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From Danese Cooper <dan...@gmail.com>
Subject Re: Gosling on Harmony
Date Wed, 18 May 2005 17:53:10 GMT
Hi Simon :-)

On May 18, 2005, at 7:54 AM, Simon Phipps wrote:

> On May 18, 2005, at 05:33, Danese Cooper wrote:
>> Much as I admire James, I have to say that the responses from  
>> enterprise developers of which he presumably speaks were carefully  
>> choreographed by the organizers of JavaONE (who are of course Sun  
>> employees).
> I'm sorry, I respectfully disagree. The answer that Tim got to his  
> question about whether the audience wanted to see Java open source  
> at JavaOne was exactly the answer you would expect from that  
> audience, actually for reasons James regularly explains. No  
> choreography needed. Frankly, the people who organised that debate  
> wouldn't have been able to anyway.

I think you and I are agreeing here essentially (although perhaps not  
on whether or not an audience willing and able to pay JavaONE  
entrance fee wouldn't automatically be more vested in status  
quo :-) ).  Not saying this was "machiavellian" but it seems to be at  
least "malthusian".

>>   Its the old story...you can't ask a question without influencing  
>> the answer.  When Sun asks they often hear what they want to  
>> hear.  When Tim O'Reilly asked the same question a month later at  
>> OSCON he got the opposite answer (of course).
> So are you accusing ORM of choreographing the results too? Again,  
> ask a large audience of pro-FOSS people (most of whom are at best  
> ambivalent towards Java) and this is the answer you'd expect.

Not accusing anything...just pointing out the obvious (again, we are  
in agreement)

> I don't believe either of these examples cast any light on the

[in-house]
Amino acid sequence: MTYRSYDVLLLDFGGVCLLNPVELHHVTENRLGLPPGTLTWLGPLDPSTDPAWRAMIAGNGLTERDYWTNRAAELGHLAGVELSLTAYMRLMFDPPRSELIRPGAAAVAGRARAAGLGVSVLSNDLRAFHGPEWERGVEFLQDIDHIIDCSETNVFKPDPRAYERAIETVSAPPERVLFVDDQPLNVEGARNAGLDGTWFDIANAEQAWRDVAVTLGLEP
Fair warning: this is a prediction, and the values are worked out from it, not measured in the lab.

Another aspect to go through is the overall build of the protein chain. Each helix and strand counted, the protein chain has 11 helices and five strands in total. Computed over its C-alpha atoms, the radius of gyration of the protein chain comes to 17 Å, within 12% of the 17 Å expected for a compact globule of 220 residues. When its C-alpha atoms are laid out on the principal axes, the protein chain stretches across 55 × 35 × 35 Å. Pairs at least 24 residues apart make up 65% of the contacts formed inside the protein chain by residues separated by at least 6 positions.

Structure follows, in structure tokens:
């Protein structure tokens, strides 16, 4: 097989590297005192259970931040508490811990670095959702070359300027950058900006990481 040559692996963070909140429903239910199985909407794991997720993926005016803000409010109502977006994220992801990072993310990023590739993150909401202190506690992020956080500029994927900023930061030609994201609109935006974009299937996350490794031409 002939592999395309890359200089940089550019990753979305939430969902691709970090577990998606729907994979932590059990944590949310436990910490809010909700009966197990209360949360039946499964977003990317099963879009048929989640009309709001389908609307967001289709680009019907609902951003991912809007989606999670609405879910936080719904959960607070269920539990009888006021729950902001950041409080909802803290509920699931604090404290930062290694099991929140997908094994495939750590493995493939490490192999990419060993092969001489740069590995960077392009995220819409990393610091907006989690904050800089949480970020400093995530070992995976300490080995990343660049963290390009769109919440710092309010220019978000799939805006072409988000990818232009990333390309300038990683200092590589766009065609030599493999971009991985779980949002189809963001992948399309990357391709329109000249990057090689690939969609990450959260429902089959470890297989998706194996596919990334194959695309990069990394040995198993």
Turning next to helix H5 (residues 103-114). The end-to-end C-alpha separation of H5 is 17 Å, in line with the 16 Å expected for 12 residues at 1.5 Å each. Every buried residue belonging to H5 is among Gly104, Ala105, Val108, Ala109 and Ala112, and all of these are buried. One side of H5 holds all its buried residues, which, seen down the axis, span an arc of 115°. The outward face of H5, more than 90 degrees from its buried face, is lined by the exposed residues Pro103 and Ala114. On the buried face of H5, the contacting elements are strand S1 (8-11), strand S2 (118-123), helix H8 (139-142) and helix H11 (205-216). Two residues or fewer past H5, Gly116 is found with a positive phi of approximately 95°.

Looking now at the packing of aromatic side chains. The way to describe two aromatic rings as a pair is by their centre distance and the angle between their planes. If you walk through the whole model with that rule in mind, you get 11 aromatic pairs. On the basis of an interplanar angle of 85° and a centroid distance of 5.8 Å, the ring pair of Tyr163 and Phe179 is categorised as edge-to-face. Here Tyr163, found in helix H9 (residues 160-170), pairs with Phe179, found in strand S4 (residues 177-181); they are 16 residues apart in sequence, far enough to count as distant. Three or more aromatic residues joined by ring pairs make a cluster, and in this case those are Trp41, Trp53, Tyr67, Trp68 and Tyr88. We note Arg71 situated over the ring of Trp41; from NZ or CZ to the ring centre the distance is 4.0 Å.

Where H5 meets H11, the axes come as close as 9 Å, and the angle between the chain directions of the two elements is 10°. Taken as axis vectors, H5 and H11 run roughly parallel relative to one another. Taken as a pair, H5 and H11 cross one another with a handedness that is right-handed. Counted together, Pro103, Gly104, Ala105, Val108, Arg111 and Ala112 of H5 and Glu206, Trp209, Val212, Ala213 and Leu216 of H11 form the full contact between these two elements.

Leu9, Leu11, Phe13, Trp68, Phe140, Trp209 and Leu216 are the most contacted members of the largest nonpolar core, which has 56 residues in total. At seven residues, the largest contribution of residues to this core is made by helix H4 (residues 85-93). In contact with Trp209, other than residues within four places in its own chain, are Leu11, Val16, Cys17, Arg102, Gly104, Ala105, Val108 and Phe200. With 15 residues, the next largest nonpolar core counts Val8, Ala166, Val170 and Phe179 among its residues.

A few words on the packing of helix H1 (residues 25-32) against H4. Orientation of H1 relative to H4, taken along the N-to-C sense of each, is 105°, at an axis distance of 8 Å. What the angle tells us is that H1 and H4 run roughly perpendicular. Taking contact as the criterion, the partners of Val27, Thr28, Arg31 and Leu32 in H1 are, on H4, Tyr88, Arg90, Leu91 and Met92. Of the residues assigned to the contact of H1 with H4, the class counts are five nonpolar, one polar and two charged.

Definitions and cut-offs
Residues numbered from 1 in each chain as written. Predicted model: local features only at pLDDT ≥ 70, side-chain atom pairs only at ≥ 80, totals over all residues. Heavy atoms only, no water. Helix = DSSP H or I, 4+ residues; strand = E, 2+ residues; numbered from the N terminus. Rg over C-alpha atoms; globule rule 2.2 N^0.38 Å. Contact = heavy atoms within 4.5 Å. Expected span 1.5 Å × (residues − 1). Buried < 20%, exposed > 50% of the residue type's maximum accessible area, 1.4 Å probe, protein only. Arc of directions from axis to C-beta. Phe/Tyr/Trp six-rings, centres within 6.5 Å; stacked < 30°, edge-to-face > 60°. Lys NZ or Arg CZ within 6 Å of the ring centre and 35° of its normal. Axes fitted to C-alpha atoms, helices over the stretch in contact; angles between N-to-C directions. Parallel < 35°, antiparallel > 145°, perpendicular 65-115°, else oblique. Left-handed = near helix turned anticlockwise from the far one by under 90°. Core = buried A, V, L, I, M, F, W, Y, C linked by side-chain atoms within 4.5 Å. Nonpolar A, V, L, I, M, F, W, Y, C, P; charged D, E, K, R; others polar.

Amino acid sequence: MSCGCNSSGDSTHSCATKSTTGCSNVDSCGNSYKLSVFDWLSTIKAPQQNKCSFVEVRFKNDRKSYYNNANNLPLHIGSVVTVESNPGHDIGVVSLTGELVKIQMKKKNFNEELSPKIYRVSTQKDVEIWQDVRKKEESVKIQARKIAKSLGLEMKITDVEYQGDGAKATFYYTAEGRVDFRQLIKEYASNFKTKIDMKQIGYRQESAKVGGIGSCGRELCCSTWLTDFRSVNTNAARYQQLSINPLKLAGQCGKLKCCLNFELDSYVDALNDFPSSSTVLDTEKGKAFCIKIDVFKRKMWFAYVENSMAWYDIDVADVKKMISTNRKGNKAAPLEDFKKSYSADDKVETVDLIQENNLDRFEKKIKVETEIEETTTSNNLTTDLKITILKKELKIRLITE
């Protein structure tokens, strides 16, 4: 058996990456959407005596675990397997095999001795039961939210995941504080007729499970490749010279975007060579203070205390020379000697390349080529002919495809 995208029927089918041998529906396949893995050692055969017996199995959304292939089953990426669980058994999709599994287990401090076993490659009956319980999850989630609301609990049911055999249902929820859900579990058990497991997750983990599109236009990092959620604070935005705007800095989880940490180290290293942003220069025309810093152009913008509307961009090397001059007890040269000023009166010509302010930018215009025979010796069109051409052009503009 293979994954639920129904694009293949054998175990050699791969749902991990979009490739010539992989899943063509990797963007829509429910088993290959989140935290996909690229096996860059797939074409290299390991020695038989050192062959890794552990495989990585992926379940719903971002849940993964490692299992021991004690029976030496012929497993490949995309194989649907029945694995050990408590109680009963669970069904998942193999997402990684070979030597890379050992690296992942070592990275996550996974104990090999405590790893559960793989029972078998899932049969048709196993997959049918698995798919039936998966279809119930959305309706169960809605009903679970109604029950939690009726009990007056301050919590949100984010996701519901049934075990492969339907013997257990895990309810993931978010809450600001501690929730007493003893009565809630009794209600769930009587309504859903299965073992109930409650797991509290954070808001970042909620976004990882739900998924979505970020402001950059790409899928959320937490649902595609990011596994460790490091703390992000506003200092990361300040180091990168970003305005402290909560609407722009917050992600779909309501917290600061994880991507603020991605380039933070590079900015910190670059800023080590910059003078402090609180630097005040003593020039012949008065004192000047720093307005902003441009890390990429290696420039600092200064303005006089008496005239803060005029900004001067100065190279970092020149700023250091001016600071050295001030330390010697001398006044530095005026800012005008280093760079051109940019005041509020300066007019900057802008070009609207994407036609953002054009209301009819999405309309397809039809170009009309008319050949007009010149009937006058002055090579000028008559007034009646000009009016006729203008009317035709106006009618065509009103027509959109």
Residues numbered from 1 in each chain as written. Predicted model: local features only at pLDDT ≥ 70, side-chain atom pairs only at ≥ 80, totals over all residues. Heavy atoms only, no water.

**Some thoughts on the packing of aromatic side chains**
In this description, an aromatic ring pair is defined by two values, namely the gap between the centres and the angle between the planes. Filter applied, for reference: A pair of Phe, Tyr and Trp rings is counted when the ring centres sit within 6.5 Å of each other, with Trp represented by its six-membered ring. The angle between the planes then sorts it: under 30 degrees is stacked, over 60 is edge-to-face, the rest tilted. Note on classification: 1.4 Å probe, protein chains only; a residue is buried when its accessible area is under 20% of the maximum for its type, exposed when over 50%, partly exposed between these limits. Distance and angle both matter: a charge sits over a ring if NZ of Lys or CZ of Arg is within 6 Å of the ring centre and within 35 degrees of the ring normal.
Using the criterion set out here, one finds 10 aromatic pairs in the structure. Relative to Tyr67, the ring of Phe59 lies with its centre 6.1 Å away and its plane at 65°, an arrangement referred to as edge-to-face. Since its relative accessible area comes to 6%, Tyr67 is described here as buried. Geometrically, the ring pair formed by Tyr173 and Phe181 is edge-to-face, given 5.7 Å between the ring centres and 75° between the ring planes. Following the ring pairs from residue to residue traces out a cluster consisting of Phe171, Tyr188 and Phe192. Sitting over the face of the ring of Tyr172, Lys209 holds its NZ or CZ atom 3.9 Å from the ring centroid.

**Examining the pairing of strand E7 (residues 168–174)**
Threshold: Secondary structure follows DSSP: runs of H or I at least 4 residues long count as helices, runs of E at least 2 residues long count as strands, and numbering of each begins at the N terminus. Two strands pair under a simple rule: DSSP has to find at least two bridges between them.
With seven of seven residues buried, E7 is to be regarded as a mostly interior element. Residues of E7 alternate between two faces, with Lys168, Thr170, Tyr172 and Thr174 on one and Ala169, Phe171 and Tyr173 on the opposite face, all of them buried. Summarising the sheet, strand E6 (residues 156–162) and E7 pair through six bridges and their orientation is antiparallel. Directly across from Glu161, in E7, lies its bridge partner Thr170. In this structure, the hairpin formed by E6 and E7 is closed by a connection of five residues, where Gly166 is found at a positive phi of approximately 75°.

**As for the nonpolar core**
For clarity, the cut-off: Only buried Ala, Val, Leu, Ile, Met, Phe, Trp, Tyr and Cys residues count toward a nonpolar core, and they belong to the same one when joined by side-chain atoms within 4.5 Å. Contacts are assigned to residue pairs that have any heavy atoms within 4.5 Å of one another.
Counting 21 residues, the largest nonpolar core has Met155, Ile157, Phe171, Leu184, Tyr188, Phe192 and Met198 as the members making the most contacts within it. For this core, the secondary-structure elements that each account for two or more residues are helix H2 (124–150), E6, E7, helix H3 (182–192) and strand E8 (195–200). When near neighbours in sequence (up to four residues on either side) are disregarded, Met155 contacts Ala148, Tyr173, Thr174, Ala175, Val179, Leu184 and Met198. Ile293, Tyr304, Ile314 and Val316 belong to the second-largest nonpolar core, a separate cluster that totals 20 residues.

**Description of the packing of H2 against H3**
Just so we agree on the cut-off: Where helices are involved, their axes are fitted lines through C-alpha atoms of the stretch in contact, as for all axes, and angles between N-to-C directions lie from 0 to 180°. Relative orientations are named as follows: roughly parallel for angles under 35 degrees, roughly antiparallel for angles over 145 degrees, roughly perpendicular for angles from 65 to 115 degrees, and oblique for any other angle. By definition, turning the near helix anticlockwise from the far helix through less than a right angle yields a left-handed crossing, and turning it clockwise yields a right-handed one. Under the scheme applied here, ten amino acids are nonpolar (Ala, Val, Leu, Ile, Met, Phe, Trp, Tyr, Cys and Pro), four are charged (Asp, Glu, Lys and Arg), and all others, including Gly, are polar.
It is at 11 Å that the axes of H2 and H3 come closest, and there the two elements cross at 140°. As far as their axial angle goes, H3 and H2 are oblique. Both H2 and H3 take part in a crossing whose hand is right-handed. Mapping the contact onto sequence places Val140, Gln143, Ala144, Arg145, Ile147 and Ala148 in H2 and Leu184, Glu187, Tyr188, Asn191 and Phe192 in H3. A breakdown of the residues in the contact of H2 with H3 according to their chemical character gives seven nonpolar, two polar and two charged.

> situation. The Java world needs open source JREs because there's a  
> large F/OSS community that will find it hard to engage without  
> them, and we need each other. The Open Source world needs the Java  
> world because without it deployment will be a nightmare for non- 
> hackers - at least until some new-order monopolist creates  
> uniformity. Neither community is likely to embrace the philosophies  
> of the other in the contexts described. It will take bridge- 
> building and expressions of trust.

You know I always tell people to read email generously :-)...bridge- 
building is exactly what I'm advocating as well (and again, I'm not  
accusing anyone of anything...please re-read).  I'm hoping as you  
that Harmony can be that bridge through balanced and serious  
technology focus and clean implementation.  It can be a validation of  
what's good about Java (as a standard).

>>   I spent 6 years at Sun asking the question every chance I got  
>> and probably because of who I am I heard clear support for a  
>> *compatible* open J2SE...which is what Harmony is trying to be  
>> (and why I'm a supporter) :-)...
> Likewise, it continues to be my passion, which is why I too am a  
> Harmony supporter, even if I didn't get the chance to put my name  
> to the original list. In particular I support Harmony because for  
> the first time there is the real chance of all parties to the  
> philosophical debate described above to at last meet on an equal  
> footing and build bridges that benefit them all.

I can certainly vouch for your support of Harmony.  As I said when  
leaving Sun...there are several people inside who "get" it and who  
will continue to build trust with the F/OSS community.  My leaving  
didn't mean that anyone should doubt that there are still open source  
supporters at Sun.  I've been very pleased to see you interviewed  
positively about Harmony (and of course blogging).  Harmony will need  
all of our support; it is a huge job we are undertaking.

>> In my experience, James is a fair-minded guy and I believe that a  
>> strong, ethical and hard-working Harmony community is bound to  
>> impress him over time.
> I completely agree with this. I regret that James showed how out of  
> touch he was with real open source practice (crazy answer about put- 
> backs), but my interactions with him (most recently at Cafe Brasil  
> where he also met with Dalibor and Geir) suggest that he's  
> interested in code alone, not in either Sun of FOSS politics, and  
> that positive results will get positive support.

Yup in a nutshell.  I'd like to see James keynote at ApacheCon one of  
these years soon :-)


> Simon
>> Danese (still speaking on my own and neither on behalf of my  
>> former nor my current employer)
>> On May 17, 2005, at 4:11 PM, Ahmed Saad wrote:

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